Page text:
Victim's family files wrongful death suit against Sensersby Elizabeth Dunbar, Minnesota Public Radio,
Tim Nelson, Minnesota Public Radio
St. Paul, Minn. — The family of a man killed in a hit-and-run on Interstate 94 has filed a wrongful death lawsuit against former Minnesota Viking Joe Senser and his wife, Amy.
Anousone Phanthavong's attorney Jim Schwebel filed the lawsuit Tuesday in Hennepin County District Court. An attorney for the Senser family said Amy Senser was driving the Mercedes SUV that hit Phanthavong on Aug. 23.
Amy Senser has not been charged in the case.
Schwebel said the lawsuit will allow him to obtain information about the incident to help Phanthavong's family understand what happened. Authorities say Phanthavong, who was a chef at the True Thai restaurant nearby, was apparently filling a car with gas.
"We'd like to know why Amy Senser was taking the Riverside exit, we'd like to know if there was alcohol involved in this, if there was anyone else in the car with her, and we'd certainly like to know why she chose to flee the scene," Schwebel said.
The Sensers handed over the vehicle to the Minnesota State Patrol shortly after the incident, but they did not reveal who was driving until Friday — after the Twin Cities media reported the vehicle involved belonged to Joe Senser.
The lawsuit seeks at least $50,000 from the Sensers.
In an interview, Schwebel said Phanthavong's family and members of the public have expressed frustration over the fact that no charges have been filed yet.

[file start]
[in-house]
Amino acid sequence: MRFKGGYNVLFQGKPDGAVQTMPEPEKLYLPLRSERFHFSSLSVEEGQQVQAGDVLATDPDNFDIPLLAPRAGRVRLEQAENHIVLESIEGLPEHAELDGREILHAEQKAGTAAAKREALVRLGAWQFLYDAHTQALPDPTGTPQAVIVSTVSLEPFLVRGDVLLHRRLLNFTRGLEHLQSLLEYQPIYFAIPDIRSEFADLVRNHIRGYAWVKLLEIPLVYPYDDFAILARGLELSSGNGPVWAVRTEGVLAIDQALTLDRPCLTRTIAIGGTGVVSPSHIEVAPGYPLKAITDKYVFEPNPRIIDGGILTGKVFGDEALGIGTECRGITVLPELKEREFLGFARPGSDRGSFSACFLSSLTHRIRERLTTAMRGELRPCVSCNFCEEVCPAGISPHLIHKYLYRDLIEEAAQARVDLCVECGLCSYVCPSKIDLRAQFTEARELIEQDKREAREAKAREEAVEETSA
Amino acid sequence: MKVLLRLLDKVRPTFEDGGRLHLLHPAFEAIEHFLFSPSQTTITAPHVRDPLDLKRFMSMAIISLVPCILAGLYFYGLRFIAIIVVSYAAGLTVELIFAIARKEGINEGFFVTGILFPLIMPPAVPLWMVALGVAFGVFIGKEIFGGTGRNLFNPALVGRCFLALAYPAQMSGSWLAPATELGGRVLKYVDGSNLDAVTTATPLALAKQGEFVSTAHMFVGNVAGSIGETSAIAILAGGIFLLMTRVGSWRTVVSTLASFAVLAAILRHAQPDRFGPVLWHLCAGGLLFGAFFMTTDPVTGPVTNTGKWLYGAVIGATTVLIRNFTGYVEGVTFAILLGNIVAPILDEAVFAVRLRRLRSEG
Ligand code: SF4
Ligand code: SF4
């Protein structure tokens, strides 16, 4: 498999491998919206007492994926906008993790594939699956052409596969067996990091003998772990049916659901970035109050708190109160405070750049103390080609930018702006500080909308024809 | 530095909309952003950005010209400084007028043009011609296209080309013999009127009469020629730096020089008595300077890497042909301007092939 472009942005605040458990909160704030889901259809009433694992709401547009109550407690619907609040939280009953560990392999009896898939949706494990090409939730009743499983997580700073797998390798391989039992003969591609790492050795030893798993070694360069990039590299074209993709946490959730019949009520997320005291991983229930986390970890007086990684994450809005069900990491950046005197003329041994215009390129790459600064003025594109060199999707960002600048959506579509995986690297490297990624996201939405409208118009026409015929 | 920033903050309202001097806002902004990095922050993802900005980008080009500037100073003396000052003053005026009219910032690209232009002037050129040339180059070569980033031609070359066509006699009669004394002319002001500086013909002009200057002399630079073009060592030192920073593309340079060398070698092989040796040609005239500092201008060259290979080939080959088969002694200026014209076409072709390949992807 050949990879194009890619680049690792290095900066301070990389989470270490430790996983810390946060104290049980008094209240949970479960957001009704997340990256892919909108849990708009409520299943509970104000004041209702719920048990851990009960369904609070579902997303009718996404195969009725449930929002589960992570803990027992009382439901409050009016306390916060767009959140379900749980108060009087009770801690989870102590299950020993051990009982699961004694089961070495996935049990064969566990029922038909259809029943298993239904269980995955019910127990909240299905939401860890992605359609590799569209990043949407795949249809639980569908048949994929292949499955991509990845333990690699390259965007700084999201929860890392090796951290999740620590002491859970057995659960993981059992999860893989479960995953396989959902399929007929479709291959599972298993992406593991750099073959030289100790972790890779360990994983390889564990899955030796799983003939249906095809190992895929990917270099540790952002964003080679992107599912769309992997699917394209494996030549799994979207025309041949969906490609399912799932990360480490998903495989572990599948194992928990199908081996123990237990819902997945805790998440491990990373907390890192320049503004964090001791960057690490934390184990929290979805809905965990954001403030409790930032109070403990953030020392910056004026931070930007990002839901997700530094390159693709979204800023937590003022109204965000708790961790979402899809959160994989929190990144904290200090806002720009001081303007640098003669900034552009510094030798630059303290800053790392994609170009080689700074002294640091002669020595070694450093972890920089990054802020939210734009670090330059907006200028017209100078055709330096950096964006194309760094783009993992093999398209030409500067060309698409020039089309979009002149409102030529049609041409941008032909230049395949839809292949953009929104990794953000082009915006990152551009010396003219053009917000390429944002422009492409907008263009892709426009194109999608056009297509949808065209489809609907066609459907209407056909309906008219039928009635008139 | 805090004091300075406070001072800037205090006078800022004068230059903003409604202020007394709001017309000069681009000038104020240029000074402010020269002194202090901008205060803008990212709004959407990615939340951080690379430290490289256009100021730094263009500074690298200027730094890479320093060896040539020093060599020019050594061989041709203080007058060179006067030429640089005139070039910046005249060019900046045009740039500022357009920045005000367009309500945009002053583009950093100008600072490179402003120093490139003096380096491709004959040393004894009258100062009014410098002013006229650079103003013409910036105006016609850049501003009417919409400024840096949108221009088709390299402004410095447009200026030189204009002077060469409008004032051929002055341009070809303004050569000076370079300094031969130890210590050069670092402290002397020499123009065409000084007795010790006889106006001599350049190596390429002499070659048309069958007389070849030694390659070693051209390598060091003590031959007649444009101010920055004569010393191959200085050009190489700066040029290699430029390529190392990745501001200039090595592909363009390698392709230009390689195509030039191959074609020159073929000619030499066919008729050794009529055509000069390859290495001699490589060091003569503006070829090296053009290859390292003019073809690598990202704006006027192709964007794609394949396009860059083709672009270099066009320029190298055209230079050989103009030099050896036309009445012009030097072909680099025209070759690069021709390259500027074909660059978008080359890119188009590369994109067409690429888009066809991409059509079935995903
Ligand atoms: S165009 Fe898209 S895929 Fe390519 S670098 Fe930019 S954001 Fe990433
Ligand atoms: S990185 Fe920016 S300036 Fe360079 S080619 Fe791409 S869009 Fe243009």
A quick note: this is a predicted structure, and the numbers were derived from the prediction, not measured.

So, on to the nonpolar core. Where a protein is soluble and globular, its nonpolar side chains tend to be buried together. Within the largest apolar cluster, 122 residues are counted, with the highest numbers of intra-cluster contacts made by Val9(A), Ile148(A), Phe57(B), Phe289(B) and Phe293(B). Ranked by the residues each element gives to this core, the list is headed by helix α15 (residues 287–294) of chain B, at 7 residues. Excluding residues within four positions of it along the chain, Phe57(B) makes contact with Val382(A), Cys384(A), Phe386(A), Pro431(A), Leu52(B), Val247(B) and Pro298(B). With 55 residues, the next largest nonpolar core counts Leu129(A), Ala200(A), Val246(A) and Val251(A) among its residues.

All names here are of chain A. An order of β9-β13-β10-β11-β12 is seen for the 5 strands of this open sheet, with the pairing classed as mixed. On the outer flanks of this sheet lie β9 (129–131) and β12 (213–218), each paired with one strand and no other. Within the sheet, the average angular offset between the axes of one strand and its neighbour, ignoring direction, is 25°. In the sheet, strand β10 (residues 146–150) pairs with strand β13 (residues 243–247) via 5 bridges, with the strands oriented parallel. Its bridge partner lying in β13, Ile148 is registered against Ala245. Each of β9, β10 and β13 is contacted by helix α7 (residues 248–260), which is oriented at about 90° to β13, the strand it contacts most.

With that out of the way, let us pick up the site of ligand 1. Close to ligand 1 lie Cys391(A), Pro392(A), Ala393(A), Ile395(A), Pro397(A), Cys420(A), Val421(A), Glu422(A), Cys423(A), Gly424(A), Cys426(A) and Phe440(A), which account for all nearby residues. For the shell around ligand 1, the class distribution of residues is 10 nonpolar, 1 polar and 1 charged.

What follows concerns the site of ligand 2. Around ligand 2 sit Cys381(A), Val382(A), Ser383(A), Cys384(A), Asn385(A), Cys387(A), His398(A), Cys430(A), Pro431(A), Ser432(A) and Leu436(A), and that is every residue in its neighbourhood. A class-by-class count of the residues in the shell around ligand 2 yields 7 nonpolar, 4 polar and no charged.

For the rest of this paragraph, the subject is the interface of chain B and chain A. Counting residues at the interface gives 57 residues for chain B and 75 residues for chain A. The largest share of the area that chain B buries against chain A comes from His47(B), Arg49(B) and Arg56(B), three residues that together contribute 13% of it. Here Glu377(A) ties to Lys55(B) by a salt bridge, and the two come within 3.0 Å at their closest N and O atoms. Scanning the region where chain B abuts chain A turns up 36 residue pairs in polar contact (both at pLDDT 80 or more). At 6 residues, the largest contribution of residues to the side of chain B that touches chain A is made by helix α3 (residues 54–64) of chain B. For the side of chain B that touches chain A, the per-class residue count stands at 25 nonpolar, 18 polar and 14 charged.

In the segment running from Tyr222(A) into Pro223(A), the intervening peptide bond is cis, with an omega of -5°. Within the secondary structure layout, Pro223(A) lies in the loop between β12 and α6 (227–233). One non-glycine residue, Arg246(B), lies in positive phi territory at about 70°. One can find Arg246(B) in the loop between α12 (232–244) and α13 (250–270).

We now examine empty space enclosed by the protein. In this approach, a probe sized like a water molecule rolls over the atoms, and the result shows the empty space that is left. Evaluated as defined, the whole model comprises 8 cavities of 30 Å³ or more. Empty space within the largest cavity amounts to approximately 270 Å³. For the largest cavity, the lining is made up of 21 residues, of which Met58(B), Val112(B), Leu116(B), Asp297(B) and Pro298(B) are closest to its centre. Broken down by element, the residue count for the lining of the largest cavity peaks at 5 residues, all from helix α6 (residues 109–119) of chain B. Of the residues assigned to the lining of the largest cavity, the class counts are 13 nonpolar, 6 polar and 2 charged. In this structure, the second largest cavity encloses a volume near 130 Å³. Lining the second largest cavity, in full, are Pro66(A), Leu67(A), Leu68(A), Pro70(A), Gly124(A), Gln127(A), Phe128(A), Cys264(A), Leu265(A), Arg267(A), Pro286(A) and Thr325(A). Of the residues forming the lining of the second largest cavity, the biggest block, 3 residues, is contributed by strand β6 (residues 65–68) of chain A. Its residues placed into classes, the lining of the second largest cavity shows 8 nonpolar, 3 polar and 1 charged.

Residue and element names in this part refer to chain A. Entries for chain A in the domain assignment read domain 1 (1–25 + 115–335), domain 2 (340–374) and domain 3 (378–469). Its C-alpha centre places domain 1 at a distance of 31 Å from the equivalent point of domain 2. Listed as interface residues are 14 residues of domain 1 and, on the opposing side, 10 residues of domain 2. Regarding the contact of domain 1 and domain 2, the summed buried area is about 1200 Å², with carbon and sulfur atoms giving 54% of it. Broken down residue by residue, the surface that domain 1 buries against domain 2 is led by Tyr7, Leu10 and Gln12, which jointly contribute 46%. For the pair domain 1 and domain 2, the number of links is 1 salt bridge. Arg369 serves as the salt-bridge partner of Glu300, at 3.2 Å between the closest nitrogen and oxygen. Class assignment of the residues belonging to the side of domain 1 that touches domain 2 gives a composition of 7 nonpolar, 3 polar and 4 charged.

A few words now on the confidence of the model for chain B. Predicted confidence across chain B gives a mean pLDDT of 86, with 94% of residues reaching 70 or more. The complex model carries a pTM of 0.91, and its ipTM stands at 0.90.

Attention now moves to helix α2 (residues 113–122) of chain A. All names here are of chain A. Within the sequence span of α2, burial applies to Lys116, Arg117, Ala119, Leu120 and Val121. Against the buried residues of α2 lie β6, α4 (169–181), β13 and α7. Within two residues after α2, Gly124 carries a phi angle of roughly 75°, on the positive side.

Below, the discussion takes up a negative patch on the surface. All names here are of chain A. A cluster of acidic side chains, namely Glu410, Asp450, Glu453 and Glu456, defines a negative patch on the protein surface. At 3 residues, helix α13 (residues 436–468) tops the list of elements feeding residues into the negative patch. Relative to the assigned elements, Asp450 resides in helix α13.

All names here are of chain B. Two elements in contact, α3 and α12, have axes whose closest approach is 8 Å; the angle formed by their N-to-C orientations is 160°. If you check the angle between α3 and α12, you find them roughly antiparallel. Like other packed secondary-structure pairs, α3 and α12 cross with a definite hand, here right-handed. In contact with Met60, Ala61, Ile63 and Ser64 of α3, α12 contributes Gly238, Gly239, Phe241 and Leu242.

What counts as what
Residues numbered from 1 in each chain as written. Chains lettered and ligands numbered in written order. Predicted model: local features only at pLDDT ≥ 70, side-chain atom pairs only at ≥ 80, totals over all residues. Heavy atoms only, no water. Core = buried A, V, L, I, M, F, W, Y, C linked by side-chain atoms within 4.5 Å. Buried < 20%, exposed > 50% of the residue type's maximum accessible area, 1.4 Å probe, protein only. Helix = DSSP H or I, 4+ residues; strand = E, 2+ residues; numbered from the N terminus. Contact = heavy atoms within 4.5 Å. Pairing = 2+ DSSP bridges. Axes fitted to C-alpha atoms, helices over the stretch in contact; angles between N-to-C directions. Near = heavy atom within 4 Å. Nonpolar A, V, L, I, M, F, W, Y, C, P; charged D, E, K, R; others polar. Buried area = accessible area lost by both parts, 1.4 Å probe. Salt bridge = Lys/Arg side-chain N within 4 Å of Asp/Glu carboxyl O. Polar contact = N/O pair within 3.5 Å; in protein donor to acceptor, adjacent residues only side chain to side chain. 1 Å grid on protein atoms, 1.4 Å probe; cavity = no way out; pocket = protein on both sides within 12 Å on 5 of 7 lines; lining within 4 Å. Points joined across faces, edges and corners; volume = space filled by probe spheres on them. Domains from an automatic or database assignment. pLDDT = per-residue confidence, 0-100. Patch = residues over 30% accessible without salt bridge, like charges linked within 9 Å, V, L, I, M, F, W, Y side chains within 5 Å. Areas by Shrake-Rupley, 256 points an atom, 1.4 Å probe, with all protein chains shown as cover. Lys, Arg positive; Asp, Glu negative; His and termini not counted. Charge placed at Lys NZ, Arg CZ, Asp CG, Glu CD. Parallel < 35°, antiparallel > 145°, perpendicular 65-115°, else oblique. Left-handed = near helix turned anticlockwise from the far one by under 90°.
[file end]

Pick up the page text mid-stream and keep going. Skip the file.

"There is a troubling message here," Schwebel said. "Some people said that there are two systems of justice. One for the rich and powerful that hire lawyers right away, and one for average people. Folks have told me that if this happened to them, their wife would have been in jail within half an hour. And yet here we are, two weeks out and no one's been charged yet."
Eric Nelson, an attorney for the Sensers, said his clients are cooperating with the investigation.
"A family of lesser moral or ethical standards would have or could have taken tremendous efforts to conceal the whereabouts of the car and other information that the State Patrol has requested," Nelson said, adding that the Sensers have provided authorities with DNA samples as well as credit card and cell phone records.
Nelson said no wrongful death lawsuit would have been possible had the Sensers decided not to come forward. He said he's been in contact with Schwebel throughout the process.
"We knew and had been anticipating this for quite sometime," Nelson said of the lawsuit.
Elizabeth Dunbar is a general assignment reporter for MPR News.